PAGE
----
Taking these two statistics together, it can be inferred that the typical church in the US would have about 75 people in attendance with about 7 or 8 boys. Half of the boys being teens, and half being younger boys. If these assumptions are true, the example given above becomes more of the norm than the exception.

It therefore, becomes imperative that we help smaller churches understand how the Royal Rangers program can be effectively implemented within this context, empowering them for success within the ministry environment God has placed them in. If we truly believe in our mission of reaching every boy, we must do so by providing churches with ministry tools that work as effectively in smaller church environments as in larger churches. The following represents a way to apply these two methods that is much more realistic for smaller churches while maintaining the objectives of the program.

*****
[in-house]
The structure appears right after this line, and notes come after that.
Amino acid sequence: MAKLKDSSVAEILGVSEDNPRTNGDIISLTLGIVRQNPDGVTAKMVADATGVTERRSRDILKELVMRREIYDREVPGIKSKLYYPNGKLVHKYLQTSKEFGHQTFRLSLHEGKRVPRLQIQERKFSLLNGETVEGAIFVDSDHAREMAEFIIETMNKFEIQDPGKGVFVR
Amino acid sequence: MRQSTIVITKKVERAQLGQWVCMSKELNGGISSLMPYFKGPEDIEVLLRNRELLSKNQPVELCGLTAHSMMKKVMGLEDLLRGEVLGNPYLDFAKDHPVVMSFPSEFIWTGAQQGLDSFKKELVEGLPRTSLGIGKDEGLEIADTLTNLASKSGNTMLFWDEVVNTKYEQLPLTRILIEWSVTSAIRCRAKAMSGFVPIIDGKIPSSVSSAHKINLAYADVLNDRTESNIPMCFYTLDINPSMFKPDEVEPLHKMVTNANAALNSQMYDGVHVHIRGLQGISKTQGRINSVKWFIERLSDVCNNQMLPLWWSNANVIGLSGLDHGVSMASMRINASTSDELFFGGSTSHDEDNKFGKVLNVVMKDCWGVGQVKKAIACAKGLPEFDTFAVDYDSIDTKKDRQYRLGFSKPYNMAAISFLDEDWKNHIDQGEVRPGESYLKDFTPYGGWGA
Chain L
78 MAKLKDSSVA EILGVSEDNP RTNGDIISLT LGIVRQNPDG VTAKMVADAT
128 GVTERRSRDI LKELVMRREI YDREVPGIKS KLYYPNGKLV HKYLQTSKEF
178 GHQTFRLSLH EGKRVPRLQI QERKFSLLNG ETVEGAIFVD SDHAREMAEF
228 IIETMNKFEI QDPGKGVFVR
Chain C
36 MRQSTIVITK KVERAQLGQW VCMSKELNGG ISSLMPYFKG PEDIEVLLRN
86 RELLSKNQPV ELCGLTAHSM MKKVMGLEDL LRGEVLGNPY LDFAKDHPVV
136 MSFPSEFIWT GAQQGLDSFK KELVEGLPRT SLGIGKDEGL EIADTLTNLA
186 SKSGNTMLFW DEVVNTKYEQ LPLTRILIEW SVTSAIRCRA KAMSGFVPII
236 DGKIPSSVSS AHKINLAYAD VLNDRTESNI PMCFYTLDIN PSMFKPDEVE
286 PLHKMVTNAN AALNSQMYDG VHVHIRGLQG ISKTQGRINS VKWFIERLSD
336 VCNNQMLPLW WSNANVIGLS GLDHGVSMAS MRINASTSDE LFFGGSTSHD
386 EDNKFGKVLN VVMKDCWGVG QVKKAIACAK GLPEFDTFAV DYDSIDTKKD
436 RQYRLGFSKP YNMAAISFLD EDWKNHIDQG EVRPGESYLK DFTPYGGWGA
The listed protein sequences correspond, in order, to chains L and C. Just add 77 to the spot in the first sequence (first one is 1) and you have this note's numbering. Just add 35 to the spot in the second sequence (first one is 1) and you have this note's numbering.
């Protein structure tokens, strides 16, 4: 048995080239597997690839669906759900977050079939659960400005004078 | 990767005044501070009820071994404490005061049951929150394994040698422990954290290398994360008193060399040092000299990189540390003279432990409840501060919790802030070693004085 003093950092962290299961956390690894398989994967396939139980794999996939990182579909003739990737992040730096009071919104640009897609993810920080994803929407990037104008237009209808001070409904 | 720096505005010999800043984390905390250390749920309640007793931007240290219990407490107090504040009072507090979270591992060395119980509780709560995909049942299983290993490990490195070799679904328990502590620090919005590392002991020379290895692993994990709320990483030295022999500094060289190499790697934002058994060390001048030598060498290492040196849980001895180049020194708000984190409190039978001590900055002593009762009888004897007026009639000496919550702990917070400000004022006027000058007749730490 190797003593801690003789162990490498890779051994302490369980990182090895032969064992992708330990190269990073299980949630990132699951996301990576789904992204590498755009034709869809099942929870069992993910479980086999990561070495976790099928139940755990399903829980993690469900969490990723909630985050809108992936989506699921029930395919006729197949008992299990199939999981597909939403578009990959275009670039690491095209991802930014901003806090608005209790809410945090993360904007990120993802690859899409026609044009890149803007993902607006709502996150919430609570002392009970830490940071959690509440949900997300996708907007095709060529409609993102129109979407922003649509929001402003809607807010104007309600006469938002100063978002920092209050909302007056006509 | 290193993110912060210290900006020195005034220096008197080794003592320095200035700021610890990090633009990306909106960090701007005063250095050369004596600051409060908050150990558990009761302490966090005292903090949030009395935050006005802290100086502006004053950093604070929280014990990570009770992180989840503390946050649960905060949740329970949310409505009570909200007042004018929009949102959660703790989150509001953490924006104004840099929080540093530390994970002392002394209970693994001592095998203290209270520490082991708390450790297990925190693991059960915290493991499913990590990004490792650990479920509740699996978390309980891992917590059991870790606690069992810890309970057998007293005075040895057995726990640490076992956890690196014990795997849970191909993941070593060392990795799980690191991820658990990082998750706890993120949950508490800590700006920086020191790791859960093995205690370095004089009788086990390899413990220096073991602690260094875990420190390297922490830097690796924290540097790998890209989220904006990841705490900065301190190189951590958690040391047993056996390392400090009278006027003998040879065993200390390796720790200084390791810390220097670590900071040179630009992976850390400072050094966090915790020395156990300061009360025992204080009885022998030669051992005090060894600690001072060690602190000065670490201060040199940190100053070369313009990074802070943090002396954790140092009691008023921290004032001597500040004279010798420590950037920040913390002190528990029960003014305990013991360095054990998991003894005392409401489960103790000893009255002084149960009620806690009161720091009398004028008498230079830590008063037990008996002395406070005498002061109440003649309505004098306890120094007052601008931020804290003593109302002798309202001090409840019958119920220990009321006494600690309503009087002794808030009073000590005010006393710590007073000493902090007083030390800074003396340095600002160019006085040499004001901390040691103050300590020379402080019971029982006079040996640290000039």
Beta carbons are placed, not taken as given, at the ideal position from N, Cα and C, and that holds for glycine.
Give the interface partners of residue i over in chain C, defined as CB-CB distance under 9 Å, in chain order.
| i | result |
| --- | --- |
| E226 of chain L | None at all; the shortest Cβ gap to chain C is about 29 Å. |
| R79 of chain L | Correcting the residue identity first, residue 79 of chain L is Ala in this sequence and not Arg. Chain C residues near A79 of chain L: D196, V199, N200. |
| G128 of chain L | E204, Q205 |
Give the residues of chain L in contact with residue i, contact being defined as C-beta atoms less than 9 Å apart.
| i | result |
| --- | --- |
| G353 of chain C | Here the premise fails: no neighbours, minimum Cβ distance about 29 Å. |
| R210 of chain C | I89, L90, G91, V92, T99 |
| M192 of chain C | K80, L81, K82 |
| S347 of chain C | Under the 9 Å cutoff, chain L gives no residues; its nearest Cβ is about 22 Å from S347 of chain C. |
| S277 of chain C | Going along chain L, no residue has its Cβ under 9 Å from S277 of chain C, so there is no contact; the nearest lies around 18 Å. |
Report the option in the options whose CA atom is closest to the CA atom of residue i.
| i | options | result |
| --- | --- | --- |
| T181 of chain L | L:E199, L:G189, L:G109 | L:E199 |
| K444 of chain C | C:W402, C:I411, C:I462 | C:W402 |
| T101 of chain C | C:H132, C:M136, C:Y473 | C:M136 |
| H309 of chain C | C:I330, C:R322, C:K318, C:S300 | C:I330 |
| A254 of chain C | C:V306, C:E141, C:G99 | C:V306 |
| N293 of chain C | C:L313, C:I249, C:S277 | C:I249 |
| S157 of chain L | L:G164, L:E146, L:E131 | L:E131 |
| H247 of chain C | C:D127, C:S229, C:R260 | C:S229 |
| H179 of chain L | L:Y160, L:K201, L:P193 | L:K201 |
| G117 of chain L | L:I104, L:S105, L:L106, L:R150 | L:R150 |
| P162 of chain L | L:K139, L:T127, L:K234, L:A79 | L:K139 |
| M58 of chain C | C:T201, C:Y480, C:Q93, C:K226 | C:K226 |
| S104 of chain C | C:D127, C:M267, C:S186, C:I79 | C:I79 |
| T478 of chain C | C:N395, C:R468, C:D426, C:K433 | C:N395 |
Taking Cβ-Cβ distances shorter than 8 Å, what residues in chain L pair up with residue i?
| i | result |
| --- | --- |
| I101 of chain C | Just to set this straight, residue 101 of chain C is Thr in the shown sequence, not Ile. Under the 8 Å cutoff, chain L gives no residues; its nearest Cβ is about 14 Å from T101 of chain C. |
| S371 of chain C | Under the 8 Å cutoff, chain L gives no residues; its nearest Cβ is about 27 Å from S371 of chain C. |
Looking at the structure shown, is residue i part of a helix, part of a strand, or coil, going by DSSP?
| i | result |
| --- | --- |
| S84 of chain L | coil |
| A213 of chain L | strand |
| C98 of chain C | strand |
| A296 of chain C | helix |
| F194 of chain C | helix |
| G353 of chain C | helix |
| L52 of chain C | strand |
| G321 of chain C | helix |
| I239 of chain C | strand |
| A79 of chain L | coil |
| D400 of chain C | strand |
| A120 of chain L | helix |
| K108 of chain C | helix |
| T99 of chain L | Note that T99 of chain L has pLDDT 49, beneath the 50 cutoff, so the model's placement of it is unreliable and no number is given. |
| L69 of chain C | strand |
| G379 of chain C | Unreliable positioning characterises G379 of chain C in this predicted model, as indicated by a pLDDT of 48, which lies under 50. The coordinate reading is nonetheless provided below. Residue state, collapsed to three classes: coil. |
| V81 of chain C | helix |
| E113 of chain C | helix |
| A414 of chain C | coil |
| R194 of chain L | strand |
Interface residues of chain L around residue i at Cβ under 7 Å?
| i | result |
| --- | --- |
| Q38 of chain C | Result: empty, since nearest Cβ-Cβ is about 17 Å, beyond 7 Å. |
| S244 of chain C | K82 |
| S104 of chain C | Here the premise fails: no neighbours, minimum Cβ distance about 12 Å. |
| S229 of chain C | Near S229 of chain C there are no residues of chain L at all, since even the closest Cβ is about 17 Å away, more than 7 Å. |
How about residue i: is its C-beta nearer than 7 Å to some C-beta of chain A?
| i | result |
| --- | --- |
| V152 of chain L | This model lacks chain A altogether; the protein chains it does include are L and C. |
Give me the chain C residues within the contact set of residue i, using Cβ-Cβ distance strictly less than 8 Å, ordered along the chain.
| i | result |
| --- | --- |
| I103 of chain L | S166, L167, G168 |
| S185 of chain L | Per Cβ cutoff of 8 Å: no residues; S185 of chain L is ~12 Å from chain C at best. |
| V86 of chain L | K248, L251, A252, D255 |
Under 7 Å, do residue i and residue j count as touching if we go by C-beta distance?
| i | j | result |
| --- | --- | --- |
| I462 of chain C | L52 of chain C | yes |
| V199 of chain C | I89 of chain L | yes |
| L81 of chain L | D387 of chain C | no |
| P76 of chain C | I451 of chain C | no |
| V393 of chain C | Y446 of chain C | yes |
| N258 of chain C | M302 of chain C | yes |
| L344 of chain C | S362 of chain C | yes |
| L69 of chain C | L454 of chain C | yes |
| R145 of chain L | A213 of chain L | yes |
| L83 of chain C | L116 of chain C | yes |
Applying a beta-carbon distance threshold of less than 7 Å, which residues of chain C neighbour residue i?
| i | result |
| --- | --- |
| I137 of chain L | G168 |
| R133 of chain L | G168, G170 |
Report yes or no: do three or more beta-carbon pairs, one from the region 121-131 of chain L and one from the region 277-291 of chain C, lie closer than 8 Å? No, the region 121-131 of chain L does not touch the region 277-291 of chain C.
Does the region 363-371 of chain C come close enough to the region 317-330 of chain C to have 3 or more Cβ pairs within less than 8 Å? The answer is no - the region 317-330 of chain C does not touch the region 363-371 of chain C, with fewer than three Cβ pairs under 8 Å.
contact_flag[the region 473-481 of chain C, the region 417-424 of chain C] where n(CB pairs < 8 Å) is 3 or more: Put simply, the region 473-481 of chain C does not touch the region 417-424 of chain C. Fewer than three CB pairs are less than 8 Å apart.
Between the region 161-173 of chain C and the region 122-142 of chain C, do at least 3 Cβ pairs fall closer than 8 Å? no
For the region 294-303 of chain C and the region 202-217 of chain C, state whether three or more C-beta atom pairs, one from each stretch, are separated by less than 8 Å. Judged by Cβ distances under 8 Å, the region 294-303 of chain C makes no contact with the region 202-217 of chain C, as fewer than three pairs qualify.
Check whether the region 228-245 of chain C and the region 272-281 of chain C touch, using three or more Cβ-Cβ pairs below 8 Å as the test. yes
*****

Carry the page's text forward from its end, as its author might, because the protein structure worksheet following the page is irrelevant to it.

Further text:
Patrol System

The purpose of the patrol system is to give boys the opportunity to work together as a team and participate in the leadership of their group. This can be achieved in a smaller, combined group setting as well as a larger group. In a combined group as described above, the entire group can be treated as one patrol with the older boys naturally serving as the patrol leaders. Leadership duties can be shared among the boys according to their abilities with the group leader serving in an advisory role as he would in any outpost.

Advancement System